The equatorial Pacific Ocean is suffering from a split personality disorder: El Niño-ish in the east; La Niña-ish to the west. El Niño is likely to win out.
Sea surface temperatures in March 2017 compared to the 1981-2010 average. Cooler-than-average SSTs are present in the west-central equatorial Pacific and El Niño-ish warmer-than-average temperatures prevail to the east, extending out from the South American coast. (Source: NOAA Climate.gov map, based on GEO-Polar data.) Climate forecast models are predicting a full-fledged El Niño by summer or fall. If it should happen, it would bring all manner of disruption to global weather patterns. And it would also be an extraordinary event. If you'll recall, in 2015-16, the planet experienced a monster El Niño event, one of the three strongest on record. It then transitioned into its opposite, La Niña, which has since fizzled into neutral conditions. Now, if El Niño rises from the dead, it would mark just the second time since 1950 that this sequence — El Niño/La Niña/El Niño — will have occurred in three consecutive years. The first time was between 1963 and 1966.
But while the computer forecast models are gung-ho on El Niño roaring back to life by fall (or maybe mewing back to life — it's not clear how strong it could be), human forecasters, observing what the Pacific has looked like in advance of previous El Niño's, are being more cautious. According to a forecast issued last week by the National Oceanic and Atmospheric Administration, there is a 50 percent chance of El Niño developing by September. This is slightly more probable than the current neutral conditions continuing. Forecasters peg those odds at 40 percent. (And La Niña? Forget about it. Just a 10 percent chance.) The trouble is that the tropical Pacific, where El Niño and La Niña brew up, is looking like it's suffering from dissociative identity disorder, known colloquially as a split personality. On the eastern side of the Pacific, a spear of very El Niño-looking warm surface water is jutting out from the coast of South America along the equator. It has been called a "coastal El Niño," and that's where the split personality comes in. It's a coastal El Niño because the warming is fairly intense along the Peruvian coast, but it doesn't extend far across the Pacific along the equator as occurs in a normal El Niño. In fact, have a look at the map of sea surface temperatures above and you'll see that cooler than average water is present in the central and west-central Pacific. That's actually rather La Niña-ish! The surface wind patterns in the west-central Pacific also look more like La Niña. And there's more: a blob of cooler than average water has developed beneath the surface. You can see that blob developing in this animation depicting a cross section of the Pacific along the equator:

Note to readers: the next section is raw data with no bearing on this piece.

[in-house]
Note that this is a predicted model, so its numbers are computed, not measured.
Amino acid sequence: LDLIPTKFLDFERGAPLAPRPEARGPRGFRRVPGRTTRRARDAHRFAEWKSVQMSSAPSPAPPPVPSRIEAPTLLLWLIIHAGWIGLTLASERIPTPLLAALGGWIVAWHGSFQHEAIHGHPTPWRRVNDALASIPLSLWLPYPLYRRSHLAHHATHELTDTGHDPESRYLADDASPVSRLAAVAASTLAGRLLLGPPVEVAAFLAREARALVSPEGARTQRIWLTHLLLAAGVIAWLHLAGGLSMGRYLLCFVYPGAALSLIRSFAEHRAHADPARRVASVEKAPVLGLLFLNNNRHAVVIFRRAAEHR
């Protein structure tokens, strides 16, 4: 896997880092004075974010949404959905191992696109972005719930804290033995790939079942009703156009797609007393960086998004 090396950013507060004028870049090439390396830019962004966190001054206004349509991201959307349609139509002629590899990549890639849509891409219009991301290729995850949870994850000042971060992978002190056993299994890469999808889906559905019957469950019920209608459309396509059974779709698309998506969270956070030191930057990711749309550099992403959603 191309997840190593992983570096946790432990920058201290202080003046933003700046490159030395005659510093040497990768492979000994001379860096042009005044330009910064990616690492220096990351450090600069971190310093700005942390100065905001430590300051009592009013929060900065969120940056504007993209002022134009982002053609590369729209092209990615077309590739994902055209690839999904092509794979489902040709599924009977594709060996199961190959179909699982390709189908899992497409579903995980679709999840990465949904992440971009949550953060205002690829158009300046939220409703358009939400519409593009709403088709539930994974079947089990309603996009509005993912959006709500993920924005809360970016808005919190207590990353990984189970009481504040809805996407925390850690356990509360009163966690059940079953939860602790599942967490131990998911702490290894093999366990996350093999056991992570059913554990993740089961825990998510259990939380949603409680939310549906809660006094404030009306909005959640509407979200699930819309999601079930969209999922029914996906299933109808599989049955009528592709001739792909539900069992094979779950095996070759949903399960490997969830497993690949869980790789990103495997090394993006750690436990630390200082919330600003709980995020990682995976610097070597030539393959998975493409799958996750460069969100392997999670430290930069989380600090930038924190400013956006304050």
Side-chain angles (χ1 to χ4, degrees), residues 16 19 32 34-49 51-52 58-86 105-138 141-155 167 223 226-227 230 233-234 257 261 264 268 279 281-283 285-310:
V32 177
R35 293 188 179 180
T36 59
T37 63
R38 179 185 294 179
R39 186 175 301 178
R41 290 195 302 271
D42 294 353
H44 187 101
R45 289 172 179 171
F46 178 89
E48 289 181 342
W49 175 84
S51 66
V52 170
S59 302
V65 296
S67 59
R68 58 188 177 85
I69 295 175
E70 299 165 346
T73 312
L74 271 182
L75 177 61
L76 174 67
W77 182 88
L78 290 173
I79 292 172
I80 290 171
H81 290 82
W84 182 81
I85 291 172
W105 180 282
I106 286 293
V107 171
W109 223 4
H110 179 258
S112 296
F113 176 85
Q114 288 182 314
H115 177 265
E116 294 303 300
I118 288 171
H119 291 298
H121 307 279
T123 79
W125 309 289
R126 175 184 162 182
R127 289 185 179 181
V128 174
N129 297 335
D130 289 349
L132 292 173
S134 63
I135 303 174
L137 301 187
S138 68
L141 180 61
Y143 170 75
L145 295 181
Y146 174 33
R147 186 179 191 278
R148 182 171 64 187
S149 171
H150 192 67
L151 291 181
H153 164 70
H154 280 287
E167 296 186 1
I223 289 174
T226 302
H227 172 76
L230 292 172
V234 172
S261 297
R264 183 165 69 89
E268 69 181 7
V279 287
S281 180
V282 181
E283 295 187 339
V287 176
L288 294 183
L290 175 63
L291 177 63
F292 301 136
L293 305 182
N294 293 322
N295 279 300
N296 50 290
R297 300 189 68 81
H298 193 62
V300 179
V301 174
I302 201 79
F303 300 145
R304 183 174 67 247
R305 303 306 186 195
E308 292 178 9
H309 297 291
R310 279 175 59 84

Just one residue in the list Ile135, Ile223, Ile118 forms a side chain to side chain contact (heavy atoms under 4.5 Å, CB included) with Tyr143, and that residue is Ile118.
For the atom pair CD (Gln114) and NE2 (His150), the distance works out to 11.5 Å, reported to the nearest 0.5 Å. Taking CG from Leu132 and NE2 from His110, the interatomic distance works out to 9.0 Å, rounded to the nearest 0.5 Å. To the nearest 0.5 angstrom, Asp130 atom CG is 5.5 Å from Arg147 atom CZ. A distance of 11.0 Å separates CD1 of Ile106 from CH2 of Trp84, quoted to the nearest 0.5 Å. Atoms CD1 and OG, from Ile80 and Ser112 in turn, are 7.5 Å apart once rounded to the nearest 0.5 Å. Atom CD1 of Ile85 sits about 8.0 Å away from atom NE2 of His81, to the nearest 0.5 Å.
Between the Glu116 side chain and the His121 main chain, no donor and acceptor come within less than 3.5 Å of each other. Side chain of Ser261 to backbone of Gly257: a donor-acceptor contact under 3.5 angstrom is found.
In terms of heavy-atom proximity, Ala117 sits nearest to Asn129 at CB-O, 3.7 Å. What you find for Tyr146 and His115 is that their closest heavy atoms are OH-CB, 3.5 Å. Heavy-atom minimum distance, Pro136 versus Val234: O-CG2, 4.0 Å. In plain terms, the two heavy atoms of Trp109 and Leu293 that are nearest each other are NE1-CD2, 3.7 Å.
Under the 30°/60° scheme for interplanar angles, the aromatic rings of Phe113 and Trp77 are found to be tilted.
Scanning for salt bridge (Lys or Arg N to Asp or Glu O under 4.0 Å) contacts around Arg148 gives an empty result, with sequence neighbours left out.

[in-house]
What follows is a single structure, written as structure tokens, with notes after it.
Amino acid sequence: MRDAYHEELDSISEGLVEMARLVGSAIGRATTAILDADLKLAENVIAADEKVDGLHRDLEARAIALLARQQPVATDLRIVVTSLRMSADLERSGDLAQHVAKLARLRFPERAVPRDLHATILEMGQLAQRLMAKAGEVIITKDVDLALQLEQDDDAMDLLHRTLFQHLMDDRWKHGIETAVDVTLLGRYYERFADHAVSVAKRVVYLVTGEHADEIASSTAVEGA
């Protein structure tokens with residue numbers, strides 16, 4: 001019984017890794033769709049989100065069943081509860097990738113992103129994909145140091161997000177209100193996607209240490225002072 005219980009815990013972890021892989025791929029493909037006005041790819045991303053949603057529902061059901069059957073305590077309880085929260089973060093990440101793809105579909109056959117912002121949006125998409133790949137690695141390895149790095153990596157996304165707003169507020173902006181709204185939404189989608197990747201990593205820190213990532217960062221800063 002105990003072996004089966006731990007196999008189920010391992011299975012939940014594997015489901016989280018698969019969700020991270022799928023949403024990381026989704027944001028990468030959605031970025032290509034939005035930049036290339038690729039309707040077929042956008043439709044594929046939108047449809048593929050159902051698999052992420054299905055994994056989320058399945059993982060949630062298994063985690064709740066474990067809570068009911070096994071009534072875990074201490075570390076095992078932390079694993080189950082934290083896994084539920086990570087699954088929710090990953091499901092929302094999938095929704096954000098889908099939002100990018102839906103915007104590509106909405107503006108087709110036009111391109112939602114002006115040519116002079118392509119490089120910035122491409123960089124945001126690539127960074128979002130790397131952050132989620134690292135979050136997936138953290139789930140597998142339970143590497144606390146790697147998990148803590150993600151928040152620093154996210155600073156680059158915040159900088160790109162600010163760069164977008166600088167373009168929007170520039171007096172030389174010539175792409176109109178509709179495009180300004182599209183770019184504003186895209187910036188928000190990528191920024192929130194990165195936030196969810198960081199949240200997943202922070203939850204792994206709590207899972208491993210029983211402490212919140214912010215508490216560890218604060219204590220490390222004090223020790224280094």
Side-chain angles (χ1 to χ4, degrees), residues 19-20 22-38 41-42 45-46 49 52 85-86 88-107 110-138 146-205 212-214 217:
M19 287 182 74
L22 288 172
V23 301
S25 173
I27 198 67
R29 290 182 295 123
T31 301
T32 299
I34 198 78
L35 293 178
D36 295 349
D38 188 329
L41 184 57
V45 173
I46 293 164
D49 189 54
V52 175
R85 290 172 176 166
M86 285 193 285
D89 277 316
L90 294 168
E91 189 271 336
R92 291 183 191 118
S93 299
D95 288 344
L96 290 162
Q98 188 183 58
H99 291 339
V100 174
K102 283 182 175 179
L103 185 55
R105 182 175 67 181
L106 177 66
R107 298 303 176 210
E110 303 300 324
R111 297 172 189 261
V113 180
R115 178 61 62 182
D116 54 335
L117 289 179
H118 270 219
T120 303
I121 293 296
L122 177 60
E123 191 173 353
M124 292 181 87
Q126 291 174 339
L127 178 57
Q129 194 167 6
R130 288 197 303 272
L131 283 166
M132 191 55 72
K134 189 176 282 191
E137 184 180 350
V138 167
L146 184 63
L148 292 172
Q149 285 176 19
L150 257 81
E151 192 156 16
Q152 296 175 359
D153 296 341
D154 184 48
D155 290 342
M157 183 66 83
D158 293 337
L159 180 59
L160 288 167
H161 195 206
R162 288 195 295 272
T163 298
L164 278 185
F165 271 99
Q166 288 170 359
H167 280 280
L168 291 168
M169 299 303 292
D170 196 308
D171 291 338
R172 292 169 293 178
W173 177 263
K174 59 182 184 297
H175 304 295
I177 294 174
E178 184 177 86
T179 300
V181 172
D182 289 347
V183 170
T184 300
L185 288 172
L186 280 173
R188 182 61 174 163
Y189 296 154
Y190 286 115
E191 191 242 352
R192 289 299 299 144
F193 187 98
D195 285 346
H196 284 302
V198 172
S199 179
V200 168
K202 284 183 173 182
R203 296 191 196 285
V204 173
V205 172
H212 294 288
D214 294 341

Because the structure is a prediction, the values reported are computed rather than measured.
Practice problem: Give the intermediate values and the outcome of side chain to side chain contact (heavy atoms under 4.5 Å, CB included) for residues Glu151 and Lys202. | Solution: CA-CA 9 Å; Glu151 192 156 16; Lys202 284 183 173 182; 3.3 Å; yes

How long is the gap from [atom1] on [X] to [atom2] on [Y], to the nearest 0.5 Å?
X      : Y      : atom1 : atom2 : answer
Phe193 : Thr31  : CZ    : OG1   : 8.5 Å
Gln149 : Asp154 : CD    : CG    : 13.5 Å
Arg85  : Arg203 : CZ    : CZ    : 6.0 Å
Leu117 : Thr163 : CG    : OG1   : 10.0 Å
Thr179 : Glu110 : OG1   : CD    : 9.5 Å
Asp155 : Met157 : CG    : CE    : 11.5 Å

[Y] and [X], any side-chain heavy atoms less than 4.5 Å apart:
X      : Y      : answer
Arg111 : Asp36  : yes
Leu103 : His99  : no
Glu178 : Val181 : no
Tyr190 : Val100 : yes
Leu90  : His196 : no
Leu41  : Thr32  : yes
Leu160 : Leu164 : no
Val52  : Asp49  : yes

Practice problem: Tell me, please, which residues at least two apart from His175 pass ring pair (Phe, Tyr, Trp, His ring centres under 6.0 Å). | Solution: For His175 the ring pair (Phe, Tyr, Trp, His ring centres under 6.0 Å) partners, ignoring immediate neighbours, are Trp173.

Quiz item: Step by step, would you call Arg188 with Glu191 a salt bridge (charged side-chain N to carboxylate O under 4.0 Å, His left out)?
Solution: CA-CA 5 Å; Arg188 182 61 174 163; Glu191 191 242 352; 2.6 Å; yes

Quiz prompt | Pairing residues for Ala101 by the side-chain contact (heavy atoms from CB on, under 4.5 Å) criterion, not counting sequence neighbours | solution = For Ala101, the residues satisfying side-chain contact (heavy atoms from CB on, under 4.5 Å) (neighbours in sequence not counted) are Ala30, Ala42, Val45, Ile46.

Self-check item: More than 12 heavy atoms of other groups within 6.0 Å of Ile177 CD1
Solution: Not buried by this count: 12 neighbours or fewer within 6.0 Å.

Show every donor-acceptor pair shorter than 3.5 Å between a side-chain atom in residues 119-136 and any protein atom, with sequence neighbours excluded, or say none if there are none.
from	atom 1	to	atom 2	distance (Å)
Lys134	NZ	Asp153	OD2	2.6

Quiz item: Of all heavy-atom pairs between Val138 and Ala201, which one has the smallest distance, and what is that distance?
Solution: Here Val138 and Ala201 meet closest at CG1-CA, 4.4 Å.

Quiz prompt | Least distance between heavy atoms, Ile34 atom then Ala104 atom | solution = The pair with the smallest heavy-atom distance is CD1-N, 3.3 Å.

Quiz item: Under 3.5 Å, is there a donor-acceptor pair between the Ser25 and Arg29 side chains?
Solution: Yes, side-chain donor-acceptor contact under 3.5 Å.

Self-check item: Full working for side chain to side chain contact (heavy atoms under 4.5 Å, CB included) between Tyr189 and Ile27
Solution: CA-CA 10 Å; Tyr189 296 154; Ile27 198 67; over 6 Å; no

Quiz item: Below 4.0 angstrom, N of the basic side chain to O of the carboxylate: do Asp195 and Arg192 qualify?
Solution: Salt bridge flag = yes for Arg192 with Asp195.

This animation depicts a cross section of the Pacific Ocean along the equator. The colors show how water temperatures at depth have varied from average starting in early March and continuing into mid-April. (Source: NOAA Climate Prediction Center) If an El Niño were brewing, you'd expect to see the opposite. Which 'personality' is finally going to win? If you've read that there is a "strong chance" for El Niño developing (as this story claimed), don't believe it. A 50 percent chance is anything but "strong." On the other hand, the El Niño personality is more likely to emerge than any other. Once we get into summer, forecasters will be able to get a somewhat more reliable fix on what could be coming. So stay tuned. Lastly, if you are interested in the nitty gritty details of ENSO — the umbrella term for the El Niño/La Niña phenomena — I highly recommend the ENSO blog over at Climate.gov. It's informative and written in a very engaging style.